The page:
The Latter Day Saint movement was founded in 1827 by New Yorker Joseph Smith, Jr. In the early 1820s, Smith was paid to (mostly unsuccessfully) attempt to find lost items and buried treasures by peering into stones and finding the necessary information contained in the stone's reflections. Smith said that an angel visited him in 1823 and told him of a set of inscribed golden plates buried in a hill near his home in Western New York, which he unearthed in 1827. Smith transcribed them as the Book of Mormon before returning them to the angel. To translate the inscriptions, which were written in 400 AD by a pre-Columbian prophet in a language Smith called Reformed Egyptian, he used two stones bound by silver bows which he found along with the plates. He would place the stones in his hat, bury his face in the hat, and dictate the text to his wife. Meanwhile the plates themselves lay wrapped in linen, sometimes in another room. Smith published the Book of Mormon in 1830. According to the book, Israelite tribes traveled by boat to America before the birth of Jesus, and Native Americans are actually descendants of Israelites. They brought horses and steel and other things not known to exist in the Americas at that time. After the death and resurrection of Jesus in the New Testament, Jesus came to America to repeat his teachings to the lost tribes of Israel and to establish a peaceful society (which didn't last). God lives on a planet called Kolob, where a day lasts a thousand years (according to transcriptions Smith made of Egyptian scrolls that came through his town in an 1835 traveling mummy exhibition). Mormons who have participated in a special temple ceremony to prepare themselves to be "kings and priests" or "queens and priestesses" in the afterlife wear sacred knee-high undergarments under their clothes at all times. The Church of Jesus Christ of Latter-Day Saints has over 13 million members worldwide. There exists some criticism of the Mormon movement.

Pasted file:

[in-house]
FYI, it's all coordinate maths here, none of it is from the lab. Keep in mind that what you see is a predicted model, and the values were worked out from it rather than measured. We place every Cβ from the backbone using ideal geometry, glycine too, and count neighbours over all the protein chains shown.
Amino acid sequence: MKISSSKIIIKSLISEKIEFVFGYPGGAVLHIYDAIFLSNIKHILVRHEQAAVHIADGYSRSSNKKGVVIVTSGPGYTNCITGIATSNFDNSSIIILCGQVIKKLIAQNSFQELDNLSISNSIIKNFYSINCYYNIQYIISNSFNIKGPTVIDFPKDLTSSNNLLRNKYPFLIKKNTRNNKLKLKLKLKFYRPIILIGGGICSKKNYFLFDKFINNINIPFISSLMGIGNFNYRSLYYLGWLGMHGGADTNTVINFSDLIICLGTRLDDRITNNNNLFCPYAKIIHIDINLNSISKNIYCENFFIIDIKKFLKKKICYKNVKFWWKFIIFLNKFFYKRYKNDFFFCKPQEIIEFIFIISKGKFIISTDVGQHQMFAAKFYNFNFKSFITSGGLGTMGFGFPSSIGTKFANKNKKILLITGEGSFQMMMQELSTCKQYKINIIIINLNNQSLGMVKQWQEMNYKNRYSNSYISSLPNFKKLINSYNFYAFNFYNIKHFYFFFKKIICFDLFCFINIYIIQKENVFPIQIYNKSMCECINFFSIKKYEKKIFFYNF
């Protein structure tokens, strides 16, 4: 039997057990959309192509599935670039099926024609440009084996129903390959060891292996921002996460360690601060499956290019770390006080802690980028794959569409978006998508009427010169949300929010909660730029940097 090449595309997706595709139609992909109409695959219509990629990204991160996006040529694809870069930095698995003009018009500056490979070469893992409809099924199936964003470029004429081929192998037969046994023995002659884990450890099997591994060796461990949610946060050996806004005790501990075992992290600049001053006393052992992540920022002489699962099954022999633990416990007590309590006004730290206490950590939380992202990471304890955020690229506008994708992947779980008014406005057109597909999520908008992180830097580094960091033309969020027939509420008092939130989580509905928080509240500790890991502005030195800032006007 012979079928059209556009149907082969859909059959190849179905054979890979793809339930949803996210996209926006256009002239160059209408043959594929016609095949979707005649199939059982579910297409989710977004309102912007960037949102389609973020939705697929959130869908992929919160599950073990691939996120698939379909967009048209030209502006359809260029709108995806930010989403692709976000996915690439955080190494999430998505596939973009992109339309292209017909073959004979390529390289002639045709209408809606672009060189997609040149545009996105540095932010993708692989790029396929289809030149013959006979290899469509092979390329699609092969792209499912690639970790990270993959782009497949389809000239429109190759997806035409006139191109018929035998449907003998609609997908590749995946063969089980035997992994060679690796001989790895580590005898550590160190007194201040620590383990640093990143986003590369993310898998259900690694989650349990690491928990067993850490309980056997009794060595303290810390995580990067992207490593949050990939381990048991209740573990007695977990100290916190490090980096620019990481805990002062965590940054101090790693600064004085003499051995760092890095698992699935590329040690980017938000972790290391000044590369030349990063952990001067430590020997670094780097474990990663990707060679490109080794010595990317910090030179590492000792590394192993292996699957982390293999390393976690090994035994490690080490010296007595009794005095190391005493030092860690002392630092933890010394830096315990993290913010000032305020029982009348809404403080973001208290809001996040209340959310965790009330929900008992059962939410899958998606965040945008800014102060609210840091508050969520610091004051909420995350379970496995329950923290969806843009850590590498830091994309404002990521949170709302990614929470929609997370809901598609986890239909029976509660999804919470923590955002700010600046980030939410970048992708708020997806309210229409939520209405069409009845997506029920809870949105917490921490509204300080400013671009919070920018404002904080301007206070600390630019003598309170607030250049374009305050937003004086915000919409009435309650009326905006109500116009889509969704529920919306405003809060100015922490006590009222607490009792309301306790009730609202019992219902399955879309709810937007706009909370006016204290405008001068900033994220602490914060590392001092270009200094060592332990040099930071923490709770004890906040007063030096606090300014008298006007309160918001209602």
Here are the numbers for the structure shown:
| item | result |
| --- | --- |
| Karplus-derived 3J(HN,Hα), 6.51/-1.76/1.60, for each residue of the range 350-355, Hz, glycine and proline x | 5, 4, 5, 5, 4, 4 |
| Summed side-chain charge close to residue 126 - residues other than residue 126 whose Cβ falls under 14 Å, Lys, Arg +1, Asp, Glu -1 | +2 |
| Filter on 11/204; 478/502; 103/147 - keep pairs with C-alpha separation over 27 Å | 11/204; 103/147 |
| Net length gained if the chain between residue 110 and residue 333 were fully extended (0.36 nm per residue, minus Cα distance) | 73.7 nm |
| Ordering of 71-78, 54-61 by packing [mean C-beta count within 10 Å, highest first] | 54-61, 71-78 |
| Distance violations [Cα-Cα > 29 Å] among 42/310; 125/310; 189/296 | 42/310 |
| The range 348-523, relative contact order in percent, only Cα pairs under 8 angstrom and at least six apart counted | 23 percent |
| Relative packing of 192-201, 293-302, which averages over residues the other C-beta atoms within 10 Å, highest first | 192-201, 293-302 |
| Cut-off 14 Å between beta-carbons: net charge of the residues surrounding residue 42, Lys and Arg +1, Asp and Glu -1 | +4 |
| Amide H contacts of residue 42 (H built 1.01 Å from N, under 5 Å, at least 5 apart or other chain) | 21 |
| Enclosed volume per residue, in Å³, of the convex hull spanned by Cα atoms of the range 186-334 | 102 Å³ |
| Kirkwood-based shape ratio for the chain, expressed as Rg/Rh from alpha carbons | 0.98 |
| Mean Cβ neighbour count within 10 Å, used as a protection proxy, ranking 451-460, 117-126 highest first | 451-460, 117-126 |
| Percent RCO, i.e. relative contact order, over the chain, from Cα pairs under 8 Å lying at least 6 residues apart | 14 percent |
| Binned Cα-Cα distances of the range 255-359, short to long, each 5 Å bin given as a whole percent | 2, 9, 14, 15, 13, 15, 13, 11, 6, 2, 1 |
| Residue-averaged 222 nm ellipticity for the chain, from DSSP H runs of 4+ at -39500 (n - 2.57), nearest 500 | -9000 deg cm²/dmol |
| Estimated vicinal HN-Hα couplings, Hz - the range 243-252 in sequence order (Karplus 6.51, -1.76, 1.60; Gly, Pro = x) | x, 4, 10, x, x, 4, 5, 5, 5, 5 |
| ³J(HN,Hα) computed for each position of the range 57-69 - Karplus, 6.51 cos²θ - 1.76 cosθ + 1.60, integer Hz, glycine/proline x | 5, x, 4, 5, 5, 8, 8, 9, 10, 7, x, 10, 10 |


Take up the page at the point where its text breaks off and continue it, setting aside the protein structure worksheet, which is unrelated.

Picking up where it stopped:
Korean Hangul